Differentiating patterns of substance misuse by subtypes of antisocial traits in male offenders
Number of pages
SourceJournal of Forensic Psychiatry & Psychology, 28, 3, (2017), pp. 341-356
Article / Letter to editor
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SW OZ DCC NRP
Journal of Forensic Psychiatry & Psychology
SubjectDI-BCB_DCC_Theme 3: Plasticity and Memory; Neuropsychology and rehabilitation psychology; Neuro- en revalidatiepsychologie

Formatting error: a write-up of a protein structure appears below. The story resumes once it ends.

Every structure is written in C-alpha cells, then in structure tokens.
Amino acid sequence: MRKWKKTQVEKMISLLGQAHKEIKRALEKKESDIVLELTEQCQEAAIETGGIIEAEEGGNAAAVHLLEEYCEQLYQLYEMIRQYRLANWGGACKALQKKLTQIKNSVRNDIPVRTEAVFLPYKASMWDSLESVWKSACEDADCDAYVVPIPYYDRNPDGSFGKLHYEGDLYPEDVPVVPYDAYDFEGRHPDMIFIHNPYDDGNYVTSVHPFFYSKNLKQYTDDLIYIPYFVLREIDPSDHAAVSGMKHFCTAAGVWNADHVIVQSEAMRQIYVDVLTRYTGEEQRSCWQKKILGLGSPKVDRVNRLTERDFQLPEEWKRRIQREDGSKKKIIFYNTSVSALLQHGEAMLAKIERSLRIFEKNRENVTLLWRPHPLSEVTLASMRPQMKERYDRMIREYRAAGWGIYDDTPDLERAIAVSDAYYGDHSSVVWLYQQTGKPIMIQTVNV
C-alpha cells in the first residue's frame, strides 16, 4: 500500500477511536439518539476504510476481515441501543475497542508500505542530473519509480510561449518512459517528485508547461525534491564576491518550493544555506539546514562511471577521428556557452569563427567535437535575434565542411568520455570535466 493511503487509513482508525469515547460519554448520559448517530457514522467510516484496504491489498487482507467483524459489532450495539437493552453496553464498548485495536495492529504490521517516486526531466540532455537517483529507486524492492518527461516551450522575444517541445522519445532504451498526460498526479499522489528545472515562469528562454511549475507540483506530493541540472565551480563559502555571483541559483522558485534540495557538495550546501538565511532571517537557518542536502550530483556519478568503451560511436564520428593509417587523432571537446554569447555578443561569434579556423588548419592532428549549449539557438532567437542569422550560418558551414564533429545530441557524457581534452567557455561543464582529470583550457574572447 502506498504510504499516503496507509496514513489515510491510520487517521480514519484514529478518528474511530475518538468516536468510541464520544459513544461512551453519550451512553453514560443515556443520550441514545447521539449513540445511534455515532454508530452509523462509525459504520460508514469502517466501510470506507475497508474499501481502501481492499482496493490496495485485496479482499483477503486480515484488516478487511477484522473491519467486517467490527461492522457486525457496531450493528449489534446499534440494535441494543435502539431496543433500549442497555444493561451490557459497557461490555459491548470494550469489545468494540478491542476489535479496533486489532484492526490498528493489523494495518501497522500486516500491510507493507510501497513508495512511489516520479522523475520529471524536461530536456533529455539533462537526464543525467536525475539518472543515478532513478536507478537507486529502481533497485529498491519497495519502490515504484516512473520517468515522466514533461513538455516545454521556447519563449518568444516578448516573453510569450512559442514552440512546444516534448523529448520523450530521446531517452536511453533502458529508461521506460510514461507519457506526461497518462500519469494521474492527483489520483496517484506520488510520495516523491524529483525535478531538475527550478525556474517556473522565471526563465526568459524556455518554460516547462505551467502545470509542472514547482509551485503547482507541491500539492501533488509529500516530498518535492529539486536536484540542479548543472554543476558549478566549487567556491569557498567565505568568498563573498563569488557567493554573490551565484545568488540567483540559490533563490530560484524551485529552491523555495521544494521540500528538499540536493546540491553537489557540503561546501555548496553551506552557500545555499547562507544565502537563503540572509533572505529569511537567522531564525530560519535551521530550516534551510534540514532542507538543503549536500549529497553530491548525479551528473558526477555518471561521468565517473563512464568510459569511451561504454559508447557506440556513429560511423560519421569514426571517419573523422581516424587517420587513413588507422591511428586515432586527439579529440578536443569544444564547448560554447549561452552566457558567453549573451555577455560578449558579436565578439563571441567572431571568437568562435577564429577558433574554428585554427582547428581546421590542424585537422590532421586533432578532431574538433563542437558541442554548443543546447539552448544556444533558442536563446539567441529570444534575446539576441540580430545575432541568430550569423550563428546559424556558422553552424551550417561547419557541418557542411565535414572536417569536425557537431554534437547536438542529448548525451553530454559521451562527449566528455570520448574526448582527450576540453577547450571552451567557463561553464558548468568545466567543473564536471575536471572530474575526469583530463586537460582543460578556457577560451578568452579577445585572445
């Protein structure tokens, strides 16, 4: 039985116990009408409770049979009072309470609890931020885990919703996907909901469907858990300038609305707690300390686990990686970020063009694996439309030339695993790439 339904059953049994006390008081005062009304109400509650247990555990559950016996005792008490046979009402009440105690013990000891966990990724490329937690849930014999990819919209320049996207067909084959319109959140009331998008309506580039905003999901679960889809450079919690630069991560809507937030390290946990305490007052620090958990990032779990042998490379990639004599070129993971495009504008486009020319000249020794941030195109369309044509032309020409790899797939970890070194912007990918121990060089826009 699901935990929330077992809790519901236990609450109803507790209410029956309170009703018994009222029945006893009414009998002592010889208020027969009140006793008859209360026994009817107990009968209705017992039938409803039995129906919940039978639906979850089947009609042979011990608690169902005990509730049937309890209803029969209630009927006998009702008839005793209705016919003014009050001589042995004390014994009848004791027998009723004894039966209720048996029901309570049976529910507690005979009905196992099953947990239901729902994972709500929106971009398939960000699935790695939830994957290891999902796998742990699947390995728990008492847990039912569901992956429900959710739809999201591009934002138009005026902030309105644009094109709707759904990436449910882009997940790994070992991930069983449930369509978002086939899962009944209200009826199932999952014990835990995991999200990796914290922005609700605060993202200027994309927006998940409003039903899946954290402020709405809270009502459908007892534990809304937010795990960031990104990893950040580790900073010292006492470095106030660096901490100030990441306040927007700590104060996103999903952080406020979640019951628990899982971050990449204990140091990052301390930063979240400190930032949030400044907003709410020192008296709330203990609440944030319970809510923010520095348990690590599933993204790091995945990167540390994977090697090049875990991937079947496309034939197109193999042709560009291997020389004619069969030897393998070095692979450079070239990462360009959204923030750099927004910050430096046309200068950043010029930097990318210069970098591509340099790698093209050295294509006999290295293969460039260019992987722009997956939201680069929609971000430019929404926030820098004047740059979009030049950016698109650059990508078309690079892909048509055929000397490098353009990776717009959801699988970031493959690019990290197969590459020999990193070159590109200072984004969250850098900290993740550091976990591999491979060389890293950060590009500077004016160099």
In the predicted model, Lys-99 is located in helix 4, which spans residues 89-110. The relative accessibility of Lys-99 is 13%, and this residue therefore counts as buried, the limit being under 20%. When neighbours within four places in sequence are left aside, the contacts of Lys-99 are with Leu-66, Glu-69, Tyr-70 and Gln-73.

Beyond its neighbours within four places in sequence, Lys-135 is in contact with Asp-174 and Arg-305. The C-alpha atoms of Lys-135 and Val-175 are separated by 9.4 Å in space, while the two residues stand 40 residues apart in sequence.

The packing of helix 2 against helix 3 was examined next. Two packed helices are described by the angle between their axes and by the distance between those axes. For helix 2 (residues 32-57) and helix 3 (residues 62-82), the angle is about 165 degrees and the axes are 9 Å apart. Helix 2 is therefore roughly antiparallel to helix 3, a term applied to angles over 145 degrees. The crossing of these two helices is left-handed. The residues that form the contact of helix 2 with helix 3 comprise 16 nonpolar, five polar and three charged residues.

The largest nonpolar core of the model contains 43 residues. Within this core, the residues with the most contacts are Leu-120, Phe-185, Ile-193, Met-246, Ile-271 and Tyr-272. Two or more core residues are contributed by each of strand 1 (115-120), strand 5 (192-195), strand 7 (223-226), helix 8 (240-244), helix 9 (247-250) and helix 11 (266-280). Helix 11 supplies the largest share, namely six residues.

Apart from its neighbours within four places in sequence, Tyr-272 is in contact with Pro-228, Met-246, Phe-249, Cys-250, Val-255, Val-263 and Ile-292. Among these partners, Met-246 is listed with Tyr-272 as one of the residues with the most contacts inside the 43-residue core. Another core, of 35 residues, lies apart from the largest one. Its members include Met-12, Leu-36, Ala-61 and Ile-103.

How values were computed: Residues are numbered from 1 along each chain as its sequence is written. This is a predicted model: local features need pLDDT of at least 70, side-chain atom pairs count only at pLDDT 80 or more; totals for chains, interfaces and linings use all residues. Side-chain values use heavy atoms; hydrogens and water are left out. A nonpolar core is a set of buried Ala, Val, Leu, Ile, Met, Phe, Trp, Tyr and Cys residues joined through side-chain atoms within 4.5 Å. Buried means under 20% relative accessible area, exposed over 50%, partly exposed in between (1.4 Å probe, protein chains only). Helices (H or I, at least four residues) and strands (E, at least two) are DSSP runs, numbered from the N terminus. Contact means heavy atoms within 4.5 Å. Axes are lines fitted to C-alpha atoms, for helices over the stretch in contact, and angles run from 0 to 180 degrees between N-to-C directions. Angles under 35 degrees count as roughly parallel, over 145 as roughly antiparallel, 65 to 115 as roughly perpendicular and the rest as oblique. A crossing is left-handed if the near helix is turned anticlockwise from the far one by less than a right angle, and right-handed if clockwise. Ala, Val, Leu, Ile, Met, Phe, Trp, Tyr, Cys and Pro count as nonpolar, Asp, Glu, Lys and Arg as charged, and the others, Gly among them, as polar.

Among criminal offenders, two subtypes of antisocial traits, psychopathy and externalizing-only, are associated with an especially elevated risk for substance use disorders (SUDs). The present study examined the associations of these traits with patterns of substance misuse. In a sample of 1410 male offenders, we used diagnoses for alcohol, cannabis, opioids, and stimulants to examine the association between antisocial traits and SUD severity, as well as, age at substance use initiation. Results indicated that externalizing-only, but not psychopathic, traits predicted greater severity of SUDs (i.e. increased likelihood of dependence) across all substances. By contrast, psychopathic, but not externalizing-only, traits predicted earlier initiation of use across all substances. These differential patterns of substance misuse may be a reflection of distinct psychobiological processes. Ultimately, parsing the patterns of substance use across a continuum of clinically heterogeneous samples, rather than within circumscribed diagnostic categories, might help to refine the phenotype and improve the prediction of substance-related problems.
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